It is likely that while we were growing up, many of us wore clothing or played with toys that had been handed down to us from an older member of the family. At such times we grew into the clothing or took possession of the toys, making them our own. Now, as independent as we adults might like to think we are, in many ways we are still dependent on what has been handed down to us. This includes such basic realities as our cultural identity, language and history, many of our values and certainly our religious tradition.
In the First Letter to the Corinthians, Paul speaks of such handing down. He handed down to his Christian converts what he had received, so that, in their turn, they might hand it down to others—and so on and so on until the religious tradition, preserved yet reshaped in this process of transmission, is handed down to us. Now that we have received it, it is both our privilege and our responsibility to take our place in this ongoing process and to hand down the tradition to yet another generation.
What kind of people are called to transmit the religious tradition? Saints? Scholars? Someone other than me? The people called by God in today’s readings clearly and honestly identify themselves. Isaiah was “a man of unclean lips” (Is 6:5); Paul called himself “the least of the apostles,” because he “persecuted the church of God” (1 Cor 15:9); Peter admitted that he was “a sinful man” (Lk 5:8). We see from this that the treasure, which is our religious tradition, is entrusted to weak, limited, sinful people like you and me—the only kind of people there are.
The call to participate in transmitting the religious tradition comes to people within the normal circumstances of their everyday lives. Isaiah was in the temple, which was not an unusual place to find an observant Israelite. The Apostles, Galilean fishermen, were plying their trade on Lake Gennesaret. People are inspired in places and through events that are usually quite ordinary. What is remarkable is what they experience at these places and in these events. Isaiah was transformed so that he could proclaim God’s word; the Apostles were granted the courage they needed to bring others into their company.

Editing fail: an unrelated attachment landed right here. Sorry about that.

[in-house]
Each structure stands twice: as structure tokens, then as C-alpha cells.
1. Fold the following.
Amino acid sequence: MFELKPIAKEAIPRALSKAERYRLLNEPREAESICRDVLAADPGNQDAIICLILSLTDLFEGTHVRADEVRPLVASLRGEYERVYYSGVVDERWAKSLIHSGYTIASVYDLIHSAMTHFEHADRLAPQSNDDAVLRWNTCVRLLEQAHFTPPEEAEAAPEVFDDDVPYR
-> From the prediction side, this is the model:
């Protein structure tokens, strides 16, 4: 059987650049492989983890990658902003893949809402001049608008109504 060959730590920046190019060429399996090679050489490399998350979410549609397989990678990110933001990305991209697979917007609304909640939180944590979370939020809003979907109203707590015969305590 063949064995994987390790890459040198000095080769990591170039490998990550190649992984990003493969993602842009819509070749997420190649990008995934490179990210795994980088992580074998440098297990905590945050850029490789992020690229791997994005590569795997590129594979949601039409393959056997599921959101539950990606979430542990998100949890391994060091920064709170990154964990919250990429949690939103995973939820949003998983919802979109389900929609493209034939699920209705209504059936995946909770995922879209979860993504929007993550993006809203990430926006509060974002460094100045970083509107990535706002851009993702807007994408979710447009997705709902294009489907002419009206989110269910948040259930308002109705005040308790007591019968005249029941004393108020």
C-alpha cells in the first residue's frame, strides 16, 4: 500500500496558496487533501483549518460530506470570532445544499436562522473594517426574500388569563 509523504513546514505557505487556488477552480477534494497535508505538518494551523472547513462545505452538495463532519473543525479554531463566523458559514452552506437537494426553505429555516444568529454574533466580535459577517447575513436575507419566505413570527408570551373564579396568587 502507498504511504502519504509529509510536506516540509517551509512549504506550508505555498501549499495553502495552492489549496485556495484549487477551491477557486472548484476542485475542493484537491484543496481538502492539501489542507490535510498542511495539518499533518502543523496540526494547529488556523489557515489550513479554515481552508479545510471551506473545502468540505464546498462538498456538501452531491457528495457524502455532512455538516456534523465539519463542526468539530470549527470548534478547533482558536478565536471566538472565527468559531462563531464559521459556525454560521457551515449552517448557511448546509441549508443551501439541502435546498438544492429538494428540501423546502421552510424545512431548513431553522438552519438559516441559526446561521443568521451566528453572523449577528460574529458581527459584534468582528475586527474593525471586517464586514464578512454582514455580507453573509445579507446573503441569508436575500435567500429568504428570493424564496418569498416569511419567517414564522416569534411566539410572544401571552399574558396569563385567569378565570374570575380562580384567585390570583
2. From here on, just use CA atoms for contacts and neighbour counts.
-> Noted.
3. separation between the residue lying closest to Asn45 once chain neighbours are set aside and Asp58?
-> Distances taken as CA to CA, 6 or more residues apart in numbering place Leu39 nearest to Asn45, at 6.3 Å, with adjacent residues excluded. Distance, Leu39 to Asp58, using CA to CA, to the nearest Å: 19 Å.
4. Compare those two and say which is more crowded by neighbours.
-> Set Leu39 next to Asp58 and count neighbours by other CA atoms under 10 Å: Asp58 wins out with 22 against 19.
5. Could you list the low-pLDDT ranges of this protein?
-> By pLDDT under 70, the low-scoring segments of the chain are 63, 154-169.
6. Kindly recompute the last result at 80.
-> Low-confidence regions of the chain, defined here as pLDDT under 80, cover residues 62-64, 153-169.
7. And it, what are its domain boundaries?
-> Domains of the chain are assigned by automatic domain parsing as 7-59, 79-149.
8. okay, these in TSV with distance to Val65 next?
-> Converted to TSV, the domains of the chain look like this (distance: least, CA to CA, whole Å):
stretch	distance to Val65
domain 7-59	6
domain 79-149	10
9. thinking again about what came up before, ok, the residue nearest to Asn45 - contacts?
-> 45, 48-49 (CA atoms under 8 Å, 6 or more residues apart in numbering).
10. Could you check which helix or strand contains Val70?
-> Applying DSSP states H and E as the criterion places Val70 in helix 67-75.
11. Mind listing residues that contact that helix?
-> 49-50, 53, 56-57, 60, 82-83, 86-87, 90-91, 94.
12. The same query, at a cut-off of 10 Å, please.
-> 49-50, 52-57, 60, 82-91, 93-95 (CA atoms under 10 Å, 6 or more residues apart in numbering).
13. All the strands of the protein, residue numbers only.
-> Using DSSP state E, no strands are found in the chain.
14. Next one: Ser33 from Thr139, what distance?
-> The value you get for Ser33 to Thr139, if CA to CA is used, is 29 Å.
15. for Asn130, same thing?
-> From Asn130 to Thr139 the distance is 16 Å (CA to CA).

For many of us, the call to participate in this ongoing process of transmitting our religious tradition will probably be far less dramatic than was the call of Isaiah, as recounted in the first reading. Still, we have responded as generously as he did, even though we may not realize it. We have declared: Here I am; send me—to teach or preach, to write or publish the good news. Send me to shape the minds and hearts of our children through the values that I have received. Send me to express God’s beauty through music, art or poetry, to demonstrate God’s justice through the way I conduct business, to impart God’s compassion on those in desperate need of comfort. Send me to announce to the world, by the way I live my life, that the tradition that was handed down is indeed alive in me.
We should not expect to see such dramatic signs as the miraculous catch of fish witnessed by the Apostles. We who prefer immediate results may not enjoy the fruits of our labors. But then, there is probably a good deal of embellishment in the story, embellishment that was meant to point out the extraordinary dimension of ordinary reality. Without it we might otherwise have overlooked the action of God, as we so often do in our own lives.
As stated earlier, when the tradition is handed down, it is preserved yet reshaped. In other words, its dynamic message addresses the needs of the present time, not the past. Because these needs change, the message is sometimes reshaped. Paul, for example, reminded the Corinthians that the Gospel he preached saved them. But saved them from what? Corinth was renowned for its unbridled sexual behavior. An ancient seaport, it was also an important commercial center. People there probably offered homage to fertility gods as well as to deities that promised prosperity. People today may not offer sacrifice to statues, but sexual license and inordinate consumerism certainly still plague us. In handing down the tradition, Paul’s summons to righteous living must be reshaped so that people today can hear and understand its challenge as if it is being spoken to them—for it is.
Today we stand with Isaiah in the temple, or with the Apostles on the shore of the sea, or with Paul in the midst of a thriving metropolis. We are the heirs of the tradition, a tradition that must be handed down if it is to remain alive. How are we going to entrust it to the next generation?